Star Date:  December 2011
  Bali, Indonesia


Hello Dear Family & Friends!


"Halo!  "Apa kabar."  "Baik, baik" or "Bagus."

(Hello.  How are you?  Fine, fine.  Balinese)



"The bamboo which bends is stronger than the oak which resists.  Real power comes from flexibility, not rigidity."

~Japanese proverb~



Water gently cascades over rocks, witness to the dawn of humanity.  Thick lush forest envelopes the earth.  Bowing to the wind, velvety green bamboo reveals the wisdom of it's existence.  Be flexible, not brittle in life.  Change.  Join in the flow.  It is said one can never step in to the same river twice.  Ever changing, the river reminds us that whatever is needed is already in process. From this still essence answers are revealed, if only we take the time to listen.

A leaf drifts silently on the breeze joining the current and toppling over the cascade.  Impermanence.  Exquisite butterflies dance endlessly, rejoicing in their amazing lightness of being.  Freedom.  A lacey butterfly lights on a leaf fluttering in the wind; once a sullen caterpillar just tolerating life in the dark corner it had created for itself.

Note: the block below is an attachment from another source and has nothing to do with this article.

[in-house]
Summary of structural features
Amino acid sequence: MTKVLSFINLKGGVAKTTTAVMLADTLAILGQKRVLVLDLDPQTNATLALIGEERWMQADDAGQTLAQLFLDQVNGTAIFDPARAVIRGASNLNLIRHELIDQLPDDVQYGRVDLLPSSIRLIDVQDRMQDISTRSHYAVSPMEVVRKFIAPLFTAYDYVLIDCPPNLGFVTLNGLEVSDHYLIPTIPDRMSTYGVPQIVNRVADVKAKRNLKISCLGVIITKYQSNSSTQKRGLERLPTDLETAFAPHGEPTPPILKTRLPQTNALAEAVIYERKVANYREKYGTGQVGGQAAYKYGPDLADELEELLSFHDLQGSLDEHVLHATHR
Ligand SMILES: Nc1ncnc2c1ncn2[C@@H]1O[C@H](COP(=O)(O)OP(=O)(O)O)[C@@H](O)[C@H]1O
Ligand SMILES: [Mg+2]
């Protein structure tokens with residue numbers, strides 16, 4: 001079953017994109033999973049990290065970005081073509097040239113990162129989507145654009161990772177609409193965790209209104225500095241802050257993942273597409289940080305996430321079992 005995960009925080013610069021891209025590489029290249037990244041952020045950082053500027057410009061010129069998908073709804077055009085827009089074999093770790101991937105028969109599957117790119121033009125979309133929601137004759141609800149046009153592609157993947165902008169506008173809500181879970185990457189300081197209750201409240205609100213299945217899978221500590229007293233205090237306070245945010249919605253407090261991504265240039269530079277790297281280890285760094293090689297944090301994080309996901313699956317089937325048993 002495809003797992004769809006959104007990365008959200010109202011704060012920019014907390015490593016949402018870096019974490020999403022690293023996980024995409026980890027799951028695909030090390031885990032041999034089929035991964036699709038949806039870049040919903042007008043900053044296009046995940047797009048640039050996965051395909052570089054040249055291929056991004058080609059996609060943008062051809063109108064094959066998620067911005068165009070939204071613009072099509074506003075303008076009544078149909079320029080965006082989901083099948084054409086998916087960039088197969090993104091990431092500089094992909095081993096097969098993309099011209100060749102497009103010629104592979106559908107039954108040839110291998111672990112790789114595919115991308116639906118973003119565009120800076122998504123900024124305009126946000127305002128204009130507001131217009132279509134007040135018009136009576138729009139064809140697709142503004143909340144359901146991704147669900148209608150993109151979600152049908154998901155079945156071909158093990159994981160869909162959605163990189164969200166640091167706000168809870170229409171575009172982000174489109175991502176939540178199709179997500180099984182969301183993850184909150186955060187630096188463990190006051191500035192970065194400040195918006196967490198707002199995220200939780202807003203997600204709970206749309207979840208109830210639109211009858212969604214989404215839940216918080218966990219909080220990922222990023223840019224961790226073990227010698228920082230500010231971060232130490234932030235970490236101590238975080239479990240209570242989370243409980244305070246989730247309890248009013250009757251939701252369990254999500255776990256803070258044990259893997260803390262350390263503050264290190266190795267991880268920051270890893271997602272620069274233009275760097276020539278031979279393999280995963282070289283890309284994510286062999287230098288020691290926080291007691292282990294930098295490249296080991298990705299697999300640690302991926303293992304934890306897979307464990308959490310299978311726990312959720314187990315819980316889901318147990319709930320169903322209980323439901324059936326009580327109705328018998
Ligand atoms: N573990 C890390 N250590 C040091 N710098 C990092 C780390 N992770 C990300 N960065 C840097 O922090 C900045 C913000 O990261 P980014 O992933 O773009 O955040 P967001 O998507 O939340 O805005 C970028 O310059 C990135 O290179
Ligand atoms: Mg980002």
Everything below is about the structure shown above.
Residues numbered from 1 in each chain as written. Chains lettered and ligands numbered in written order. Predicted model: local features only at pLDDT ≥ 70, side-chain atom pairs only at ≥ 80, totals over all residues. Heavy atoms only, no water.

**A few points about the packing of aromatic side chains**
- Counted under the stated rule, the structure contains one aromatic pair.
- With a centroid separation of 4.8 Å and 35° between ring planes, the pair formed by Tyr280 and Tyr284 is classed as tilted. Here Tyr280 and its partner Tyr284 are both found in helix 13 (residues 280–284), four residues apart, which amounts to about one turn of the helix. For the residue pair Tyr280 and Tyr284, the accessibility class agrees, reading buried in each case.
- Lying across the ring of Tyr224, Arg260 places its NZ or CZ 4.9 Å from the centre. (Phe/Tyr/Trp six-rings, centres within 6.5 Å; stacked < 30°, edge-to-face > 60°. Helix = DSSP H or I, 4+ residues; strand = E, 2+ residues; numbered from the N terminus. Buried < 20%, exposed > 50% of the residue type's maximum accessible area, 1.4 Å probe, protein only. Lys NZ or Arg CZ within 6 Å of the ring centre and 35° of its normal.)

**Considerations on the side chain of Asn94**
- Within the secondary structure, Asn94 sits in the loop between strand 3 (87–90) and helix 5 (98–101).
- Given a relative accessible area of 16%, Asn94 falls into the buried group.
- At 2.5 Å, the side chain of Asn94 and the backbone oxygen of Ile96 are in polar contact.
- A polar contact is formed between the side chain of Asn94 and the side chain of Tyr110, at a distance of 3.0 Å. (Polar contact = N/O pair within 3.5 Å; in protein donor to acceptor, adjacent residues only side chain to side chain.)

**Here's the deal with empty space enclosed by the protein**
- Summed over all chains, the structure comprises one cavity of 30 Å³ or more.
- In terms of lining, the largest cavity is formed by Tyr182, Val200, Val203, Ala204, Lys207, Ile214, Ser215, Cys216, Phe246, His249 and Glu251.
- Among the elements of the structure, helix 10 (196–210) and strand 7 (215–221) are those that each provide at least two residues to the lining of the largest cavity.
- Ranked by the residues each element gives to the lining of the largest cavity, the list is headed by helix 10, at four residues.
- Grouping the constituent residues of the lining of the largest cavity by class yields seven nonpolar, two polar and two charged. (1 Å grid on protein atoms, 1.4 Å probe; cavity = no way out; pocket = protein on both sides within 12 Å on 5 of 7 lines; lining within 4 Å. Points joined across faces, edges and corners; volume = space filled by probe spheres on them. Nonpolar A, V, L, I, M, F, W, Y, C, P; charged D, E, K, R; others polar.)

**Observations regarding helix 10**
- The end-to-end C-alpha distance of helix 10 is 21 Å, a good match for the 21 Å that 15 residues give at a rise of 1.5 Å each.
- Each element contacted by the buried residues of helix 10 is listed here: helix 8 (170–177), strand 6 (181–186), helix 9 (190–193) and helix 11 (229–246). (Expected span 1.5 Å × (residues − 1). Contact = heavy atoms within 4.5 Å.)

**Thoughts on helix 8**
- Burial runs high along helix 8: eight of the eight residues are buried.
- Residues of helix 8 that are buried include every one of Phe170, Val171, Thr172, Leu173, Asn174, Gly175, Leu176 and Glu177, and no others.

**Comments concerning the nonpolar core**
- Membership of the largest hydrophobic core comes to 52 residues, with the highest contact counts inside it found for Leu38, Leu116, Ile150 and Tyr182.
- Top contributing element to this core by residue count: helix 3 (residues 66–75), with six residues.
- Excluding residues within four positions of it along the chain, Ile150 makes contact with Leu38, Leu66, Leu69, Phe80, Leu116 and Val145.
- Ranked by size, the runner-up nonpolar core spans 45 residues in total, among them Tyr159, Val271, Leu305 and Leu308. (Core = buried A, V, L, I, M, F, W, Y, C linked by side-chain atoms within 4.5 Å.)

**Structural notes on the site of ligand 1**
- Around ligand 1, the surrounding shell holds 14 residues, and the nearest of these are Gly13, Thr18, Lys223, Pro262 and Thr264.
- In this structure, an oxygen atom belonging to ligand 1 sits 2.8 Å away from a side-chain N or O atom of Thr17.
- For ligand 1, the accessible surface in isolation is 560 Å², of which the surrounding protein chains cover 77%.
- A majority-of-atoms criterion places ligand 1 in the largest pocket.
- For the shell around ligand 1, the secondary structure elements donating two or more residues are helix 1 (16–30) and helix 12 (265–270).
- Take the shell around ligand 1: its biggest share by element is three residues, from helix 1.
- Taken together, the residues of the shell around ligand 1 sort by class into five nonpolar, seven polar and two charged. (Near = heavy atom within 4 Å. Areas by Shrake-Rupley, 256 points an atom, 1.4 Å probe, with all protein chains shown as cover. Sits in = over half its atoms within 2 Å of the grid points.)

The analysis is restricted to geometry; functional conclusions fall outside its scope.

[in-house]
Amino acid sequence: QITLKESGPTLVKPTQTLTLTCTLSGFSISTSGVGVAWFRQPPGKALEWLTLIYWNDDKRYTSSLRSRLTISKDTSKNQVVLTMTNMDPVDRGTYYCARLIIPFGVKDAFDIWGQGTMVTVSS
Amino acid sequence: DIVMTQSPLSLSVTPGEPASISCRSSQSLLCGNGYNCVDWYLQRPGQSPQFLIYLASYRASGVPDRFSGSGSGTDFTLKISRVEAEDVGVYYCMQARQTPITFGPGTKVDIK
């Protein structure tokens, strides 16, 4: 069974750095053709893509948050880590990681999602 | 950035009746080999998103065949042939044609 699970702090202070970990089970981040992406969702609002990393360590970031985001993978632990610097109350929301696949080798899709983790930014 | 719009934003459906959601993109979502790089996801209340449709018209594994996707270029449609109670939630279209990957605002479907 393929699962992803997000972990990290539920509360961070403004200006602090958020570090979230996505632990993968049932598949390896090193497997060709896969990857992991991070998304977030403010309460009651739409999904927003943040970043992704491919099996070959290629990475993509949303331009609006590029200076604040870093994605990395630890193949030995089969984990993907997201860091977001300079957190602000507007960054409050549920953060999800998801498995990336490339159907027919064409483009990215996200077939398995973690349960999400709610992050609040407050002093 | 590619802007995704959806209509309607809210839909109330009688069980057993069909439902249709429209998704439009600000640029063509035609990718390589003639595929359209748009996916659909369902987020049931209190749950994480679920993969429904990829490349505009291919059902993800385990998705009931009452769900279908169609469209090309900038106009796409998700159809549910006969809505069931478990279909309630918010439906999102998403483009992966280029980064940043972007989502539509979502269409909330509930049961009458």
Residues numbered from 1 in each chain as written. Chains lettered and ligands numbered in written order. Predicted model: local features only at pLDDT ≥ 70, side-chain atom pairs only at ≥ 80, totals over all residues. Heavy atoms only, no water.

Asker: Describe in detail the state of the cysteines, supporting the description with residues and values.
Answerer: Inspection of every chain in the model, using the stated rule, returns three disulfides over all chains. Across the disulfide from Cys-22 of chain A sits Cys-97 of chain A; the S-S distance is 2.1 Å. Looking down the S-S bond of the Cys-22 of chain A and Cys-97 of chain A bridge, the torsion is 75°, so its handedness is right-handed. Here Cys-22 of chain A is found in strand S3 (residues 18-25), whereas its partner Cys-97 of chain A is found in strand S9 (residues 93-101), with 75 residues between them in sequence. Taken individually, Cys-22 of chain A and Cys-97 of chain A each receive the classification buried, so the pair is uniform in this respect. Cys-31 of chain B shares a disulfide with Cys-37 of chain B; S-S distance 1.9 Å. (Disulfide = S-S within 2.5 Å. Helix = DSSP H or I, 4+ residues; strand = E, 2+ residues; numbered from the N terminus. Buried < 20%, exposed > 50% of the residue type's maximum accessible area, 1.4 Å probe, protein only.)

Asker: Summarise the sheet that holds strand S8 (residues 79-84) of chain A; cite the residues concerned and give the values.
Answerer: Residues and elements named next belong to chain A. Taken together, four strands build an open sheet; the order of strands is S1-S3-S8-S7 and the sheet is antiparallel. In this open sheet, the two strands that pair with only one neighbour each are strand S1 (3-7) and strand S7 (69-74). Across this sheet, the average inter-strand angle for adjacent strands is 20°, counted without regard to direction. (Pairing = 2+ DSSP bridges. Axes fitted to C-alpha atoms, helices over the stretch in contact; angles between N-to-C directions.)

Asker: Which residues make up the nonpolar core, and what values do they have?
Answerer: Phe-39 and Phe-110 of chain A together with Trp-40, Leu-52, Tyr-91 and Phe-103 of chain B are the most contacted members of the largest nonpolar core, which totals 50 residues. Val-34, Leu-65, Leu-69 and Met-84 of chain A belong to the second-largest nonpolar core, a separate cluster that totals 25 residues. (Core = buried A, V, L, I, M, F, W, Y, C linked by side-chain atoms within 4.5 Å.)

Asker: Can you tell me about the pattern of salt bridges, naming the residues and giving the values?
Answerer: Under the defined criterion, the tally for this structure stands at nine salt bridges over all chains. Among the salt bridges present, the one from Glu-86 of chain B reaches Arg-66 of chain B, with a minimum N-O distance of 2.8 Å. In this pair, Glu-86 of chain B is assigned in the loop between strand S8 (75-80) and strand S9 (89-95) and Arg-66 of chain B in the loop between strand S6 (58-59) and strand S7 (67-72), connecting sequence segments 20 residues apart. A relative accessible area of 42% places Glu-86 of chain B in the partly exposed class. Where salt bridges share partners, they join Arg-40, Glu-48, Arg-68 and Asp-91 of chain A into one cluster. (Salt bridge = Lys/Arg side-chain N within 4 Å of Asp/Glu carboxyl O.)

Squirrels use the express lane along the sleek bamboo;  chattering, with not much to say.  They are always collecting and surrounding themselves with consumables.  Planning for the future that never comes. Preparing for the winter that never arrives in the tropics.  Too busy to enjoy right now.  Are we any different?

Thoughts of the day knock on my door, but no one is home.  Silence is sharing its wisdom.  Soon birds rejoicing in the beautiful day stir my soul.  Yes, rejoice and be thankful.  The truth is always simple.